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Hello everyone ! My name is Patrick, 64, retired for 4 years soon and living in Poissy, a small town located 30 km west of Paris. I have been watching your works on this forum for several years now and as some of my compatriots are doing, I would like to show you a project I started four years ago : a French frigate named "La Renommée". I work from a monograph by Jean BOUDRIOT, the scale is 1/48. At this stage, I just finished the hull and I will show you some pictures without too many comments, the pictures speaking for themselves ... and moreover, my "English" is a bit "rusty". I will go in stages, to condense 4 years of work in a few days of publication. So let's go ... [/url Patrick
La Renommee - 30 guns - 26 x 8 lb on the main deck - 4 x 4 lb on the quarter deck. 125.75' x 33.75' x 17' Imperial The plans are those of the ANCRE monograph by Jean Boudriot 1993. The monograph includes the lofted shape of each of the 58 bends. This part of the monograph is not needed for my purposes. I will not be using these individual frame plans. I am using a new method. All of the frames between each station are worked as a single unit. For this hull, I have chosen to build it as a solid wall of framing timbers. I usually frame true POF, with spaces. The spaces are temporarily filled for the shaping and fairing of the frames. The space filling wood is bonded using an easily reversible agent. The unit handles as thought it was a single piece of wood and is not at all fragile. The edges of the frames are protected from being rounded. For La Renommee I will PVA bond all of the frame timbers. The lofting required has some similarities with POB level of lofting, but more work is required. In all, the time required to develop a set of frame timber patterns for La Renommee was about 5 days. This is a much shorter time than it takes to loft each frame by plotting it using a drawing board or CAD. My shortest lofting time was 4 days - for the early clipper Rainbow. In general it takes about 10 days. A multi deck warship takes longer. My reading and experience points to this method as being analogous to the way actual ships were framed prior to 1860. The product of the mold loft was likely just molds for the midline shape of the bends at the station positions. Ribbands and experience of the ship wrights would have been used to shape the timbers between. Chocks would be used where I place filling wood. These would not have been removed later. Because the wood for the model is 60 times lighter and 60 times smaller, I can shape all of these frames as a unit. It also allows the wood to be taken to the cutting edge and easily manipulated, as the opposite was necessary for the ship. A Glossary for the terms that I will use: This whole group is a Bend. It is two Frames. Each of the parts is a Timber.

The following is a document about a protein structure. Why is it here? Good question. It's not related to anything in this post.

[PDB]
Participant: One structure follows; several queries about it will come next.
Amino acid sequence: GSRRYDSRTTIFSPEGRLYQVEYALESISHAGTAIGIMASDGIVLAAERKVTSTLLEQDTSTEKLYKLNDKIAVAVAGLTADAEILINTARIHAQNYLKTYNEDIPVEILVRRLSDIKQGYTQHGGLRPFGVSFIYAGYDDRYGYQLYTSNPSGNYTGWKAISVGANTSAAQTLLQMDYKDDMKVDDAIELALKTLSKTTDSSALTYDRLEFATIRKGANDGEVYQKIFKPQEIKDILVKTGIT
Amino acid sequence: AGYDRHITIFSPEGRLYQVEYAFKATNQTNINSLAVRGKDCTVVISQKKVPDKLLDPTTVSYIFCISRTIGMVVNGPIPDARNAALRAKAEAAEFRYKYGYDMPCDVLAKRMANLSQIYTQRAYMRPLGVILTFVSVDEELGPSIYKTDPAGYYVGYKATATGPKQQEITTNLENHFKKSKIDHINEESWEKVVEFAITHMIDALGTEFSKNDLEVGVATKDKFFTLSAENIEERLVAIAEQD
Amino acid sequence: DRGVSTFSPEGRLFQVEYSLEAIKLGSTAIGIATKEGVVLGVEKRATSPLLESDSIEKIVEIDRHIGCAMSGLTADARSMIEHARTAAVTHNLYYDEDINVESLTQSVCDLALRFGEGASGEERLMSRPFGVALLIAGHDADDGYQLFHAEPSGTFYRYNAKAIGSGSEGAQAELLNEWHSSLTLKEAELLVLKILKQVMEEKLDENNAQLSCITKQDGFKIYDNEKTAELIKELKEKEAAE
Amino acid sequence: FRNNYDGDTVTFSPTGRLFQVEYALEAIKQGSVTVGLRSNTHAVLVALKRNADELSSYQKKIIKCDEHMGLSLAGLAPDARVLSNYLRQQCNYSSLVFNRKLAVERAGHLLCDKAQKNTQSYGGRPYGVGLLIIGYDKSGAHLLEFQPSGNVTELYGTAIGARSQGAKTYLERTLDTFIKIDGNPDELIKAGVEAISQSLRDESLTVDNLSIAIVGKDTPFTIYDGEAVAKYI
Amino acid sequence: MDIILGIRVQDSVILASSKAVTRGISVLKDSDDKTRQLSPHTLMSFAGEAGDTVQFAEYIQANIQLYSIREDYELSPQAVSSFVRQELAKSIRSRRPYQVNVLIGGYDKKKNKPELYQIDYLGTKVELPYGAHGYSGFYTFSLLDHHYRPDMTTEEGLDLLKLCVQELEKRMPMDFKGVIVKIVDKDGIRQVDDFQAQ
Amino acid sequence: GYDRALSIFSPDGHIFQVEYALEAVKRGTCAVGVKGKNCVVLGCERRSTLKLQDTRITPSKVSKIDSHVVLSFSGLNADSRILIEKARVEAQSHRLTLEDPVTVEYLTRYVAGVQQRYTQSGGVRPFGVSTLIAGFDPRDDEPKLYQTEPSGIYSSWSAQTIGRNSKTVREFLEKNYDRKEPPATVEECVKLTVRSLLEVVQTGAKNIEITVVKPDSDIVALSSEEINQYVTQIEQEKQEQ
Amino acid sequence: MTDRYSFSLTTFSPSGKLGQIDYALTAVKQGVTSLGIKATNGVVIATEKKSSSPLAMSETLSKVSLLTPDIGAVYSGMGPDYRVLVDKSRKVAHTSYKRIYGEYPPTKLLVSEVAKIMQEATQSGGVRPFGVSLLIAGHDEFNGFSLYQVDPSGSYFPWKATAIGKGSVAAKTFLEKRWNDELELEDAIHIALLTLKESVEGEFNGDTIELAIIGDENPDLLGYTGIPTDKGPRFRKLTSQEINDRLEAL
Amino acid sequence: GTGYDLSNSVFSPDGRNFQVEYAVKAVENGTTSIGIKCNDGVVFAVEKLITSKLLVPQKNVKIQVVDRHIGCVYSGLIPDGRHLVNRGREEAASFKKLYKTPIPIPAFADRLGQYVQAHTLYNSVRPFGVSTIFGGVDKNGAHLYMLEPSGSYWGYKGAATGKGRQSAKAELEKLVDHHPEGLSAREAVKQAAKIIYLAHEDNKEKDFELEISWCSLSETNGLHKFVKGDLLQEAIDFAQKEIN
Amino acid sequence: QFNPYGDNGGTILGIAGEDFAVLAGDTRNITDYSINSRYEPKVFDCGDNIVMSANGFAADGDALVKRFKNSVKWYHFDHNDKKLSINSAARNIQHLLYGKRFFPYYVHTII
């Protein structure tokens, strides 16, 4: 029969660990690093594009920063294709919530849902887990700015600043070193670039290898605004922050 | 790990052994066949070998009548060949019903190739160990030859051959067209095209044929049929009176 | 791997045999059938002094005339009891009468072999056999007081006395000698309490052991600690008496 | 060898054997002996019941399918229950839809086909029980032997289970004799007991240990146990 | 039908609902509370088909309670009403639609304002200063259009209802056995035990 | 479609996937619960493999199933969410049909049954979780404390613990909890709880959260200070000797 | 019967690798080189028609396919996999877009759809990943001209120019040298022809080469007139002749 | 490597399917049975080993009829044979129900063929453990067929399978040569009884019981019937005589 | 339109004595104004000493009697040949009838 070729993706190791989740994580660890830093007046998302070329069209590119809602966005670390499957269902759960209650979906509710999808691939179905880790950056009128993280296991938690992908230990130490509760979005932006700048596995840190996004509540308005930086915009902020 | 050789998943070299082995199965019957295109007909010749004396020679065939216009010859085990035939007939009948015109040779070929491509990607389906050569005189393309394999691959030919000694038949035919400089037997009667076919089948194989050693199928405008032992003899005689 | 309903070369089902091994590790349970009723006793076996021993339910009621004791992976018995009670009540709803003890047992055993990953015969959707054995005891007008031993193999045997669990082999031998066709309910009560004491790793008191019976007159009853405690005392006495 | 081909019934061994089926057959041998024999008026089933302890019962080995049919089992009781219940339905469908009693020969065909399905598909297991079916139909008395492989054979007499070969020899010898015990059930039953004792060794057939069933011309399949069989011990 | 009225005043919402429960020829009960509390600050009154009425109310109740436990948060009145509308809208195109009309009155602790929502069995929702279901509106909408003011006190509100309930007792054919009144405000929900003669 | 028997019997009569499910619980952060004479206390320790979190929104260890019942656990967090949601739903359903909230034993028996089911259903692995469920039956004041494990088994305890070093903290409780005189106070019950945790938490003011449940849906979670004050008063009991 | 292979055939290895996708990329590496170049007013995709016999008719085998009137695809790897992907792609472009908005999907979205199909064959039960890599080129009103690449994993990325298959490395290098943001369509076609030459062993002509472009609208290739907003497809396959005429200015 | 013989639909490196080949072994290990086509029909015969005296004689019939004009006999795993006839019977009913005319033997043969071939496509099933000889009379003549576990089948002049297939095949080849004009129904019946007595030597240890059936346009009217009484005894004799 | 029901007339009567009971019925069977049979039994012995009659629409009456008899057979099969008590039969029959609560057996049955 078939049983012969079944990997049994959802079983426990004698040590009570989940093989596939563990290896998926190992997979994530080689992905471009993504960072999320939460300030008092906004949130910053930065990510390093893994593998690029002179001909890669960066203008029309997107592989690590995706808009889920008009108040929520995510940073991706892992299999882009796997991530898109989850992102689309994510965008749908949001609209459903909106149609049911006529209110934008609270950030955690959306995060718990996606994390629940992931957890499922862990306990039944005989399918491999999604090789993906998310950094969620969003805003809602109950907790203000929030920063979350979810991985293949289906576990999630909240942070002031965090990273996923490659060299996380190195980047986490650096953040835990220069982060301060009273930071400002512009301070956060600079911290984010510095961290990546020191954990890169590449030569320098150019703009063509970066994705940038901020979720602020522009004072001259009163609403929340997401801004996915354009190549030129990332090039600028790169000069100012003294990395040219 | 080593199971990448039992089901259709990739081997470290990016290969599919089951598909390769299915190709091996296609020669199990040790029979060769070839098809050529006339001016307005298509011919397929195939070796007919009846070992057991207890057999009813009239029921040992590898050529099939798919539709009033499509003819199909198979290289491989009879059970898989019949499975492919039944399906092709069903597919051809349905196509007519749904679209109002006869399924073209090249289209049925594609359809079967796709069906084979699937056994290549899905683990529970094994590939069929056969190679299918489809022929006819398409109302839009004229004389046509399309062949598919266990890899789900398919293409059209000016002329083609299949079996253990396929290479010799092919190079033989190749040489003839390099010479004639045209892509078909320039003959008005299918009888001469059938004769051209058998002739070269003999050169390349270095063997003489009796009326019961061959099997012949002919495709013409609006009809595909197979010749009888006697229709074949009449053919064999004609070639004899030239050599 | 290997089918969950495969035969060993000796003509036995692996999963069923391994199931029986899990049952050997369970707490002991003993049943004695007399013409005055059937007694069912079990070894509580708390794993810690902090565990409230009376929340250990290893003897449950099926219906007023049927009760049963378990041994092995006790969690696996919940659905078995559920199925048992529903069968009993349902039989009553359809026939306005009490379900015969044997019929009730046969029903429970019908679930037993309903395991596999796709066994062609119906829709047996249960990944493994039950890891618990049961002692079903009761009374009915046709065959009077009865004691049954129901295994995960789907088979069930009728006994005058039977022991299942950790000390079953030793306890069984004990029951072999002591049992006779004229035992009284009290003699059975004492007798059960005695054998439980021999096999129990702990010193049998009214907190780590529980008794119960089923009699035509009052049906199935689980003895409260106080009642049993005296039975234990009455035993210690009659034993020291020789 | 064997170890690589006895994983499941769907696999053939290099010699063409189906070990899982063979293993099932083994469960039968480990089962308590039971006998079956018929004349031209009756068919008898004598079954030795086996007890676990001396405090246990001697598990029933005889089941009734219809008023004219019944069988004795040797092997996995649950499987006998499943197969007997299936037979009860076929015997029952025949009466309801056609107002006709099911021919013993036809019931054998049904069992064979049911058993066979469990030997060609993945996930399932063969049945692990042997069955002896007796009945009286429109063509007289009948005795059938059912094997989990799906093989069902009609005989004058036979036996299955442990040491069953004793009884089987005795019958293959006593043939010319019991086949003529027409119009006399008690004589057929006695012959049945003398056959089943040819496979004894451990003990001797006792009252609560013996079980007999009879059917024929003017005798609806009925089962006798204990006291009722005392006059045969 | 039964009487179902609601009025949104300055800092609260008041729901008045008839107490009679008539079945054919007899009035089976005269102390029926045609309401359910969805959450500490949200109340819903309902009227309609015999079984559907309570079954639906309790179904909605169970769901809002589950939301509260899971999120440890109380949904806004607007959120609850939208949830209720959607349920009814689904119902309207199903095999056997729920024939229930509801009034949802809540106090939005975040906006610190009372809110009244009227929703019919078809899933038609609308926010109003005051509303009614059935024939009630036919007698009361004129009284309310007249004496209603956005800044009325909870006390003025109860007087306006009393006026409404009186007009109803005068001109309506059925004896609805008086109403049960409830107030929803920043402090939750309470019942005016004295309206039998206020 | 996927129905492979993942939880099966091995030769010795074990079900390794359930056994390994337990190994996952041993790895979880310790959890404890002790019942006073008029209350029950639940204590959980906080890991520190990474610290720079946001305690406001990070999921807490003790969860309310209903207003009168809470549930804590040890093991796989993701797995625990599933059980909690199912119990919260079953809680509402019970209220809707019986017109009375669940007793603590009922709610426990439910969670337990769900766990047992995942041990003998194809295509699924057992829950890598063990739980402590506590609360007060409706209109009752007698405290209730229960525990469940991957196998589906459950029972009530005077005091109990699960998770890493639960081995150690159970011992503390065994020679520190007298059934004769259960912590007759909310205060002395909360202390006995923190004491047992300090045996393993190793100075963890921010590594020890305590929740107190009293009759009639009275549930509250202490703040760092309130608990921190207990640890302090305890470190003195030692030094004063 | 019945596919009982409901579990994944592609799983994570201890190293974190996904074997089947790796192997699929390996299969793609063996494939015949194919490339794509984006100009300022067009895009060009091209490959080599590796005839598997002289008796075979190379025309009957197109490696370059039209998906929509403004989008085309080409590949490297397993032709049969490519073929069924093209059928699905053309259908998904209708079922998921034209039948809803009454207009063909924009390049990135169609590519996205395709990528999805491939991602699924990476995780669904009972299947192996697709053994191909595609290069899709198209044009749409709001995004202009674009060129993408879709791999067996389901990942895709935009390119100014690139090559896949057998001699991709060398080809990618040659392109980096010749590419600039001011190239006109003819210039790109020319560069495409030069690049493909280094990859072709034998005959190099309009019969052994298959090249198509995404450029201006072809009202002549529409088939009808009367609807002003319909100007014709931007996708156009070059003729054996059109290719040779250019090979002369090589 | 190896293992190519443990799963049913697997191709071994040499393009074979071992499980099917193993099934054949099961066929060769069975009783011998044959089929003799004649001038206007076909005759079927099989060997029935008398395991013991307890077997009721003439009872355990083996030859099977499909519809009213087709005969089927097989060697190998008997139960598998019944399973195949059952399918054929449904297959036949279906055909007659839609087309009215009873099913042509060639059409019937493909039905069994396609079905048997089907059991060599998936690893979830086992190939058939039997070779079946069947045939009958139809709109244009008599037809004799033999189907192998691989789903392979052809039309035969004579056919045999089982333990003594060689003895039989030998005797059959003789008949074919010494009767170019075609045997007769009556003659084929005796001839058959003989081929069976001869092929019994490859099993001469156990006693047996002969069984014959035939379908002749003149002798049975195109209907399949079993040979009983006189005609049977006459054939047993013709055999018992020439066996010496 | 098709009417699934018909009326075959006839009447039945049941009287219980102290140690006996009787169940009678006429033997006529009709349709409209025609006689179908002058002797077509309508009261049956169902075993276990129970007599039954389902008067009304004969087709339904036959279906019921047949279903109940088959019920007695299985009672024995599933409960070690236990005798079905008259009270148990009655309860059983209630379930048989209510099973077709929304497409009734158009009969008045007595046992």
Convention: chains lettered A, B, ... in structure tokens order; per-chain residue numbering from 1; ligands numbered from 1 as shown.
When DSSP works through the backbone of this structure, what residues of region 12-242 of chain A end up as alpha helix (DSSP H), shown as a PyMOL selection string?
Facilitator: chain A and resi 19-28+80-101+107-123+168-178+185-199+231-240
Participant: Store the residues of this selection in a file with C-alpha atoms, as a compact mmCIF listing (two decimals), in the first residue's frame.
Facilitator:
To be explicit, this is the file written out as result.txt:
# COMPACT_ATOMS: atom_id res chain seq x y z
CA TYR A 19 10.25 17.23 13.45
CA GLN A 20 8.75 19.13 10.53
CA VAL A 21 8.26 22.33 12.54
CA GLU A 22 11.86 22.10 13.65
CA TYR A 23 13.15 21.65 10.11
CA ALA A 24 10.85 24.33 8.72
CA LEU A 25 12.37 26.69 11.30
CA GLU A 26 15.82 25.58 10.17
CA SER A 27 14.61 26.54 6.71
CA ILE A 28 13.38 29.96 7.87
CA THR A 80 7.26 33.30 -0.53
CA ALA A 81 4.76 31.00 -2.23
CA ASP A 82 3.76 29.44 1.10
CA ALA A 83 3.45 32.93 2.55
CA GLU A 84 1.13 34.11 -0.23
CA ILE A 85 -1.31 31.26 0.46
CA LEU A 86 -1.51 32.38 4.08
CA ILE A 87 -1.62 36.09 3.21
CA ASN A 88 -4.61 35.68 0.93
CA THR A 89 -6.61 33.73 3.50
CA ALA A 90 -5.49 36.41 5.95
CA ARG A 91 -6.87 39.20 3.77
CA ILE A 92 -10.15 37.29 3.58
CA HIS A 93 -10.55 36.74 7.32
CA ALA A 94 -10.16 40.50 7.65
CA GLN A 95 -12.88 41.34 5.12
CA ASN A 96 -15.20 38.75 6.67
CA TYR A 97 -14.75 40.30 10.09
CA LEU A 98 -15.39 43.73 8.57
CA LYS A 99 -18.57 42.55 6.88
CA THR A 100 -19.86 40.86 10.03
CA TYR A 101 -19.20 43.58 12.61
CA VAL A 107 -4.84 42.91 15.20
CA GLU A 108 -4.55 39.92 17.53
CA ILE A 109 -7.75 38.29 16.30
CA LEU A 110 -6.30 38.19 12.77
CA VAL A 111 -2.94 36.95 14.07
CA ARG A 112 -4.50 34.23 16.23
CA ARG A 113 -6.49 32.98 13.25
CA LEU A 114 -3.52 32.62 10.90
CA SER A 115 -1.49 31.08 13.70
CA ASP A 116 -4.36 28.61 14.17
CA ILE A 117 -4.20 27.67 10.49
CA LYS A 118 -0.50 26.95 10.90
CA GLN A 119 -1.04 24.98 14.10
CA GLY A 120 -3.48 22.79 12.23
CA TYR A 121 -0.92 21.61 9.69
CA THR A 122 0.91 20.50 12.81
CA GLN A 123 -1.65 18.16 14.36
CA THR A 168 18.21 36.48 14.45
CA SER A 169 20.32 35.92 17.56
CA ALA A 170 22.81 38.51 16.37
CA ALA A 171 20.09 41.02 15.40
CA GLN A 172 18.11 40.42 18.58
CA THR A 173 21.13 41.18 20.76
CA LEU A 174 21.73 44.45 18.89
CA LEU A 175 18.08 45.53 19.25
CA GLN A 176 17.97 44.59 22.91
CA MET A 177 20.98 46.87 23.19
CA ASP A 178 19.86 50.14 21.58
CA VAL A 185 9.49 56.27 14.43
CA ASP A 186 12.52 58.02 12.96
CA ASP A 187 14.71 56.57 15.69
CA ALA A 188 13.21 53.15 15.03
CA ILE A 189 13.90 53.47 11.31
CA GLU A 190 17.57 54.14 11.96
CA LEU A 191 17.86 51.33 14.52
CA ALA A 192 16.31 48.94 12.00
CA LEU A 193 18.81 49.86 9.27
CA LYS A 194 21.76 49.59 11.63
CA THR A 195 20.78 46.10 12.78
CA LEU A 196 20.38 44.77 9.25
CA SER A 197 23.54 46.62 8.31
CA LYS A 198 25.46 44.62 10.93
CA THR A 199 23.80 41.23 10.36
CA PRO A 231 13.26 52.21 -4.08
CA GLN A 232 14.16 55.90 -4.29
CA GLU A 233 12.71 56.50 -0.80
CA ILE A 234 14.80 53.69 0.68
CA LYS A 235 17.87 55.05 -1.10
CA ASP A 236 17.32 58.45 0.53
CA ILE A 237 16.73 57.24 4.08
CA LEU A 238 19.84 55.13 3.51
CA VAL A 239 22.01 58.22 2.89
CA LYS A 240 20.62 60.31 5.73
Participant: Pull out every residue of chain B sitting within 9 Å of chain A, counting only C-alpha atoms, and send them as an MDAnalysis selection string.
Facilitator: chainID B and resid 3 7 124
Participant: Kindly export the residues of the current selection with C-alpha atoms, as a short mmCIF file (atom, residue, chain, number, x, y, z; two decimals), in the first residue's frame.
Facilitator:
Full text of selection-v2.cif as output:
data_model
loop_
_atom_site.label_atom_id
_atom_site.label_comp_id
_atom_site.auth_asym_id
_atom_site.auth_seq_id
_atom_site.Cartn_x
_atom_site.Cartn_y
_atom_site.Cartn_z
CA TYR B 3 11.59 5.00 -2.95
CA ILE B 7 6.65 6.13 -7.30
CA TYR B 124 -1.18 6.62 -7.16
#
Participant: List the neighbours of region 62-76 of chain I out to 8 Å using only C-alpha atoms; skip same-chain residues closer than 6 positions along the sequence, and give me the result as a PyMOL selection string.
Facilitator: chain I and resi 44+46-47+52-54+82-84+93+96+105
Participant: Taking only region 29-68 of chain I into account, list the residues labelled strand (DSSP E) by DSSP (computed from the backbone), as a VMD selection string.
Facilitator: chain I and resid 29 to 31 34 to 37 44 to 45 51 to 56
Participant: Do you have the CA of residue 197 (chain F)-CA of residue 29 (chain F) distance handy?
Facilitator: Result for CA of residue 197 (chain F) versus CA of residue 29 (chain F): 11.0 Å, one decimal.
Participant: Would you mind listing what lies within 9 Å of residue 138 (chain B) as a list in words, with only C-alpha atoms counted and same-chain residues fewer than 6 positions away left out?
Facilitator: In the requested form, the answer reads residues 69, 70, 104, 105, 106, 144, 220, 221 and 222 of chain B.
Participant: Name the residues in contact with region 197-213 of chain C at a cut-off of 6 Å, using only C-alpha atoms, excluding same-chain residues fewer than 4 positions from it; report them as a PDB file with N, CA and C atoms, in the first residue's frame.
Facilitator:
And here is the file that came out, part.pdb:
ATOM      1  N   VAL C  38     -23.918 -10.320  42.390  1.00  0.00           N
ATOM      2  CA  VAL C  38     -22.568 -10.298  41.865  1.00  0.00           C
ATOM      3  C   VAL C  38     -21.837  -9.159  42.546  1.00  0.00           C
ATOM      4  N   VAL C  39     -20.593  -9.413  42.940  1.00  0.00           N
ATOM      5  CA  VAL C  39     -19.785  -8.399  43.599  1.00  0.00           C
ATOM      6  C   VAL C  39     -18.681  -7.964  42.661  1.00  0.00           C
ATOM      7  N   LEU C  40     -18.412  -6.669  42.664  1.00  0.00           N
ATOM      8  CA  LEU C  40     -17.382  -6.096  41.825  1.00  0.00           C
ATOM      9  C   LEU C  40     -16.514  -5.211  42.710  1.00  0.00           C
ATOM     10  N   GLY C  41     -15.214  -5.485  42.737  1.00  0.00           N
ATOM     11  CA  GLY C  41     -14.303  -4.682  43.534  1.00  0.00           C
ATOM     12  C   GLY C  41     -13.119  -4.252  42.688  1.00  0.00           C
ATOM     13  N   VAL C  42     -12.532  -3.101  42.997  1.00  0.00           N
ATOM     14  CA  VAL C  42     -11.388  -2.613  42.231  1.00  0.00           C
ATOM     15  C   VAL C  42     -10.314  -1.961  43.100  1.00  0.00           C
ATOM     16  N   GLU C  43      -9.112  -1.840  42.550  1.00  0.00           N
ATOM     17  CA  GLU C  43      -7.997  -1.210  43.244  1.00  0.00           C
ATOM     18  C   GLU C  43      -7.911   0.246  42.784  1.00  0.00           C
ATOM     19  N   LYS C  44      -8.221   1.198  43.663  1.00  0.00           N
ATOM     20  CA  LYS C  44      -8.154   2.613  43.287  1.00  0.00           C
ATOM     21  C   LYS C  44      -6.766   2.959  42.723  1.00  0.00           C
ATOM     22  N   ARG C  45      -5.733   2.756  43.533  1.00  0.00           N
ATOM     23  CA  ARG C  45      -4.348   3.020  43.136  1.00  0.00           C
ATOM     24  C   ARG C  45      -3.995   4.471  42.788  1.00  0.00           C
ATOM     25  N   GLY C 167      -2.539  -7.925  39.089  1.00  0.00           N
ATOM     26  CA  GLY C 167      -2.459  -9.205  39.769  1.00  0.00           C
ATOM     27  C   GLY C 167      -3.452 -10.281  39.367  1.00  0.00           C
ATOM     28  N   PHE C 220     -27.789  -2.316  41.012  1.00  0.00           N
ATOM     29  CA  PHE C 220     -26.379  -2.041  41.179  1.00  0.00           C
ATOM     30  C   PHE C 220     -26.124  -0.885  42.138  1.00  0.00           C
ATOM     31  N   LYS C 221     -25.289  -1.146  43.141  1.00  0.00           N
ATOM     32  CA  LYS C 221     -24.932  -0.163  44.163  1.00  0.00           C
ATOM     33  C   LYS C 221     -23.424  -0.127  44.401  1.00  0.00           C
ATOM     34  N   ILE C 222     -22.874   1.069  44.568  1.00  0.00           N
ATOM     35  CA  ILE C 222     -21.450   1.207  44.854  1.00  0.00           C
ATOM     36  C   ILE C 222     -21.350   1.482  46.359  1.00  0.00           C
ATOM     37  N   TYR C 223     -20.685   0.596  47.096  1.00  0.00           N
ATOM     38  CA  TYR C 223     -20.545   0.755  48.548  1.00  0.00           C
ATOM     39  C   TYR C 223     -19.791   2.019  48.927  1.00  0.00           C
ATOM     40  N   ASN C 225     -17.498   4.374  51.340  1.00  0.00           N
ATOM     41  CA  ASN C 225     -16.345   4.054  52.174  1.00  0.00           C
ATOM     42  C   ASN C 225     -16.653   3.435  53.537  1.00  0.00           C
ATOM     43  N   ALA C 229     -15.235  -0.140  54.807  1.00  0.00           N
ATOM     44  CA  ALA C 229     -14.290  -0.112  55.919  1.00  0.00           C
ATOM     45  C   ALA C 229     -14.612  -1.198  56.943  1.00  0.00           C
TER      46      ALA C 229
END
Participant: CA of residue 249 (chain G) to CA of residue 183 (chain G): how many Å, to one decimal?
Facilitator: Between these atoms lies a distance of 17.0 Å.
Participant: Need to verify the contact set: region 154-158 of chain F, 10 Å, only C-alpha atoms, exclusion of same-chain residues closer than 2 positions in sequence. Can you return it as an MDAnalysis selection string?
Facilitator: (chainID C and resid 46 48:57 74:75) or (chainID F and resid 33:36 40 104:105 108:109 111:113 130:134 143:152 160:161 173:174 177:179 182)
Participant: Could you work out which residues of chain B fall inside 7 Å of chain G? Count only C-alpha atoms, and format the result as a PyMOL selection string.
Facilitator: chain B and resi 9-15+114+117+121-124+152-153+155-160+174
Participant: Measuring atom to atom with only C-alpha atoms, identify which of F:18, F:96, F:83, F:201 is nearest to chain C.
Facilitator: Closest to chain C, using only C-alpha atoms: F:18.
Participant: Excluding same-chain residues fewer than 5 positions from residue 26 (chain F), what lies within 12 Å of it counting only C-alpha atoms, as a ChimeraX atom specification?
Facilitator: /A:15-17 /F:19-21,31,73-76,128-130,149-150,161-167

Hey Group, I am excited to announce my next project - a fully framed build of the French Frigate La Renommee in classic 1/48 scale. After a couple of false starts (Le Gros Ventre in 1/36th and a 74 in 1/48 - I have deleted those logs) I have fallen in love with this ship. This will be a 6500 hour plus build as I intend to mast and fully rig her. I have spent several years amassing the amount of tools necessary not to mention building out a workshop to handle a project of this degree. The reason I chose her over Le Gros Ventre and the 74 (I love both of these ships) is she embodies the best elements of French Naval architecture (extreme tumblehome, elegant sculptures, inner oblique planking and racy lines) and is scalable for a first fully framed build. Boudriot's Monograph of La Renommee landed last week (it took less than a week from when I placed the order from France to arrive at my door) and its spectacular. The figurehead and stern is intimidating and right now I am by no means a "carver". But this is a skill I want to master - and done right, in my opinion La Renommee's sculptures are some of the most beautiful in all of naval architecture. For reference I have volumes 1-3 of Boudriots 74 Gun Ship Series and David A's The Fully Framed Ship Series for "how to" techniques. My goal is to build the construction board/site and begin work on the keel by year end. Stay tuned....